Our expedition leader Shaun Powell woke us up well before breakfast and invited us to watch a group of humpback whales that were all around National Geographic Resolution in Hughes Bay. We could see numerous groups of two to five whales feeding close to us and at a distance. This opportunity couldn’t be missed. The ship stopped, and after breakfast we lowered all Zodiacs on water.
After returning back onboard, our photographer and naturalist Nathan Kelley suggested that we all share our fluke photographs and submit them to HappyWhale.com for identification of whale individuals. That same evening twelve of the whales were identified, and during recap we could see where they’d previously been spotted in the world.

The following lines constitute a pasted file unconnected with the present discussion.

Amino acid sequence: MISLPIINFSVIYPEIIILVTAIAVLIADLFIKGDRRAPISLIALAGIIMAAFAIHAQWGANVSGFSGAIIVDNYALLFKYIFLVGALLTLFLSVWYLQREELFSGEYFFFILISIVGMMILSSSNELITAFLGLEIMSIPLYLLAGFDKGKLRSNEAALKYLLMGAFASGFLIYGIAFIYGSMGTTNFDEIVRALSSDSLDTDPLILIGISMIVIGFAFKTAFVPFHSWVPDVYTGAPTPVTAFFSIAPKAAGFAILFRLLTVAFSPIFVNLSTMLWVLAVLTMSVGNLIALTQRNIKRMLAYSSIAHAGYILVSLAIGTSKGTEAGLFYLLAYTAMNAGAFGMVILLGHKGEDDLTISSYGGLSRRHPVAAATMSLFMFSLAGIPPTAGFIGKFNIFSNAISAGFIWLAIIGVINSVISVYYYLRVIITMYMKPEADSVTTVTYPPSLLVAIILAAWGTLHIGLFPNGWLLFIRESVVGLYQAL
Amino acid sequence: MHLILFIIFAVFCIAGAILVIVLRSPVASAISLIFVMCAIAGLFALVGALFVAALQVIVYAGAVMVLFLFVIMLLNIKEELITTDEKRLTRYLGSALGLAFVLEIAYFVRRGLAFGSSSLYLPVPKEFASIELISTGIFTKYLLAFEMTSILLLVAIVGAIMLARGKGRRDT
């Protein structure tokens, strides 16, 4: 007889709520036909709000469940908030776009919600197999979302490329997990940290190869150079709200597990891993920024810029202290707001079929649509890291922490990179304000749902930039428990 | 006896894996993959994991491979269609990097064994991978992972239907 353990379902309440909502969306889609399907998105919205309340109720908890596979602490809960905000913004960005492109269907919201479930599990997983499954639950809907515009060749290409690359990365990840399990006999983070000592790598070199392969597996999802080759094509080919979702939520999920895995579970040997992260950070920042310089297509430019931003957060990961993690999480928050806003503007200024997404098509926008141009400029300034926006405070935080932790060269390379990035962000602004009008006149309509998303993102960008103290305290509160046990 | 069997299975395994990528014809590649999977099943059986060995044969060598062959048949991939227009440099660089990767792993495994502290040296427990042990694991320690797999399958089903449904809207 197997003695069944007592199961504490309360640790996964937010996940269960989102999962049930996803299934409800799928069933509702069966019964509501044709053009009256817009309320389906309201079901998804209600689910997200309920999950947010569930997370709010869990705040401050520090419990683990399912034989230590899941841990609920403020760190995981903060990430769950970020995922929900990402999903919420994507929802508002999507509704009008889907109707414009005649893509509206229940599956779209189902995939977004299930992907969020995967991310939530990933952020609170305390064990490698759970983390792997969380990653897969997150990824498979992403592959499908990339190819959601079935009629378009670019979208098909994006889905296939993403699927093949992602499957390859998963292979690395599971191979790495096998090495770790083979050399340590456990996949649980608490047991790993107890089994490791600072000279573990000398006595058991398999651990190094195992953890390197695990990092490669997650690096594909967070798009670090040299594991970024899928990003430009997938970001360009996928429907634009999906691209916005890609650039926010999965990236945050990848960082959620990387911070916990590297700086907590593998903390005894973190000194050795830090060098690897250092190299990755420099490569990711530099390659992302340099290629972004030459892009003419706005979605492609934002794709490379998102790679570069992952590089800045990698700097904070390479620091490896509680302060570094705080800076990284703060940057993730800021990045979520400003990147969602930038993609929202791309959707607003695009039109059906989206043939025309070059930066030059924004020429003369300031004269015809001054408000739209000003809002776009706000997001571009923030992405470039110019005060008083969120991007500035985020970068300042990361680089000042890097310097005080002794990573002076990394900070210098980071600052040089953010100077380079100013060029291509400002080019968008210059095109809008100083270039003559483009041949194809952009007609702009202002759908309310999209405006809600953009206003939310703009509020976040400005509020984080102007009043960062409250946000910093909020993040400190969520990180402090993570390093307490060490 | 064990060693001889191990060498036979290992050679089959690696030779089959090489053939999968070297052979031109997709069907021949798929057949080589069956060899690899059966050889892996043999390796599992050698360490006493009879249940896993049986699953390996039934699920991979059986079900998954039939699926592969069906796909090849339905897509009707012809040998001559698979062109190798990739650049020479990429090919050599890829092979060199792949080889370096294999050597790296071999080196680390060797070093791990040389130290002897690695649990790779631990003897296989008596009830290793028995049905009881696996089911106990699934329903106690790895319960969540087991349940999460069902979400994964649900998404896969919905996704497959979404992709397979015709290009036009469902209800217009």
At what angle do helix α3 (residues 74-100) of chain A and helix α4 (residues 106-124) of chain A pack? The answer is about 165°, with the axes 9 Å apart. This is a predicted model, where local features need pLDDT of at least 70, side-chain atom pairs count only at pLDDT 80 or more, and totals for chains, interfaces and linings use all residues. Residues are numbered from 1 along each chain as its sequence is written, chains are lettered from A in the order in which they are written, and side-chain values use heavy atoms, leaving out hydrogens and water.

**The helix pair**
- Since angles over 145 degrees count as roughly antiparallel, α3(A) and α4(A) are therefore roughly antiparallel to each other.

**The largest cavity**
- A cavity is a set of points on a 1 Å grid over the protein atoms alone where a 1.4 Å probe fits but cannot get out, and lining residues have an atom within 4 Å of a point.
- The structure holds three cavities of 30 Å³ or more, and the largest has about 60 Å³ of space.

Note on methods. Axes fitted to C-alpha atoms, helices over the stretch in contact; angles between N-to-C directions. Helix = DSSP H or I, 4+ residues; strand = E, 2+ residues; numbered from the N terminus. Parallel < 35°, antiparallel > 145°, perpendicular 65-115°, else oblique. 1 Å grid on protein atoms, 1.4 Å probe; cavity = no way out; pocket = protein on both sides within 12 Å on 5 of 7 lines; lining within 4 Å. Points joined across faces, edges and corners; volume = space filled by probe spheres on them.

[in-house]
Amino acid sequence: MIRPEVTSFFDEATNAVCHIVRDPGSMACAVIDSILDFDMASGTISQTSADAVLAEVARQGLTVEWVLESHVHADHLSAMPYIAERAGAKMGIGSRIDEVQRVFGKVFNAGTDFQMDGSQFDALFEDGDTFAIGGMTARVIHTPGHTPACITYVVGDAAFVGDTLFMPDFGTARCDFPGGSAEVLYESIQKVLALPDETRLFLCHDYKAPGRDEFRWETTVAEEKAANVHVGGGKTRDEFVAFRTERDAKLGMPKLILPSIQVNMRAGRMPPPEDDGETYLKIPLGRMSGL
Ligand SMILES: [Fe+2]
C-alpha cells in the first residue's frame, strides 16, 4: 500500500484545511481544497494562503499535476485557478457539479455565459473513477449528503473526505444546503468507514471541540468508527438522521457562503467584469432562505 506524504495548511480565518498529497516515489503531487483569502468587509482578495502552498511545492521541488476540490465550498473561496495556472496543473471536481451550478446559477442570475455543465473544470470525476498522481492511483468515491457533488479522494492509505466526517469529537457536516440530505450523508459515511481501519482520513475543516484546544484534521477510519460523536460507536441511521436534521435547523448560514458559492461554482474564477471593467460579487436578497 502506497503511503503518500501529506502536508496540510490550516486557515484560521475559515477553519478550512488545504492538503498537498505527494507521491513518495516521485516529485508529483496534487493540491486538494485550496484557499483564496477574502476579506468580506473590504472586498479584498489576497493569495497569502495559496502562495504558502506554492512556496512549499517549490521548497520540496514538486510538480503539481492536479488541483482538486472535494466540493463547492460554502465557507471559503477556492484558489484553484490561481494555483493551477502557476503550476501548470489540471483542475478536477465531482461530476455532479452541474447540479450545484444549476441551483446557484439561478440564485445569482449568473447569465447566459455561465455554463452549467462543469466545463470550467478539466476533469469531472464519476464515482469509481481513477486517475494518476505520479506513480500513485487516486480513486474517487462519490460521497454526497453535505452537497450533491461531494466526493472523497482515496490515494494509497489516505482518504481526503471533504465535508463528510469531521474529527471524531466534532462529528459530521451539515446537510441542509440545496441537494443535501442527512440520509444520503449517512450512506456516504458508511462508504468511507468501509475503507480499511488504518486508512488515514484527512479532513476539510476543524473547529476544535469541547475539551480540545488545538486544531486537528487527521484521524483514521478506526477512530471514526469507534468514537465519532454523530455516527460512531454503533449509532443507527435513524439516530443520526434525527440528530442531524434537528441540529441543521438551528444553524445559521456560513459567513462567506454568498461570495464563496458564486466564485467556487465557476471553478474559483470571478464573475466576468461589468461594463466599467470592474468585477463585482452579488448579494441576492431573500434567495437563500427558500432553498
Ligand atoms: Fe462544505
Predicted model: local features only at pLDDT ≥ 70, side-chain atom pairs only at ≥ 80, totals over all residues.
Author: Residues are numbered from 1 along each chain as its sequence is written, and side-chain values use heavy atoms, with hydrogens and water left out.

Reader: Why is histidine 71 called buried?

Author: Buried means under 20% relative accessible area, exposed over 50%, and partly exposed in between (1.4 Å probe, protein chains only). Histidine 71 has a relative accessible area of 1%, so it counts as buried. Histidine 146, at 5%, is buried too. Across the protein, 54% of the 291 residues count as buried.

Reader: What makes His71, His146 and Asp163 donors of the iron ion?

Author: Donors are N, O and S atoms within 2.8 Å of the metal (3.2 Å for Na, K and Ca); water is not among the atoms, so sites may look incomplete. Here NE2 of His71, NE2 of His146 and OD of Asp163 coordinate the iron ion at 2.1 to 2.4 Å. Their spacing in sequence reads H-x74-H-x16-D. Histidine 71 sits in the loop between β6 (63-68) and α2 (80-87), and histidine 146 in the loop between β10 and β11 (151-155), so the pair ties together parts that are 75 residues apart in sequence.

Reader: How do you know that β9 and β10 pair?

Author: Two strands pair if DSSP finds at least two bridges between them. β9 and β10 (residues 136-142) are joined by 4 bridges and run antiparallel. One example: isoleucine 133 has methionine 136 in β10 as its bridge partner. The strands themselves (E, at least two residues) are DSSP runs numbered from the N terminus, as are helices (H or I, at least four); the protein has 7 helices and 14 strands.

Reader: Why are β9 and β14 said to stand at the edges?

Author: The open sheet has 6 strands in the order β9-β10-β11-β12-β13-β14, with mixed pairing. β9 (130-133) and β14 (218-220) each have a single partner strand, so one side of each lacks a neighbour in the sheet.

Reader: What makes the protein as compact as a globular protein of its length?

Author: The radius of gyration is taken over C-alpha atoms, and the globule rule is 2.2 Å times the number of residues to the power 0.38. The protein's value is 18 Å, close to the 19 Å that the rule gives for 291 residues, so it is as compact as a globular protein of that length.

In the afternoon, we approach Mikkelsen Island. The wind increased during the day and some of the guests experienced a few salt splashes on the way to the landing. This small island featured a large colony of gentoo penguins. Several fur seals were also present on the beach, and the guests were able to observe the interactions between these two animals. This island also has some historic artifacts, as whalers in the 19th and beginning of 20th centuries used this island as a land base and left behind numerous whale bones and a carcass of their wood boat.
The tide was unusually low today and the guests had an opportunity to walk within the tidal zone around the island.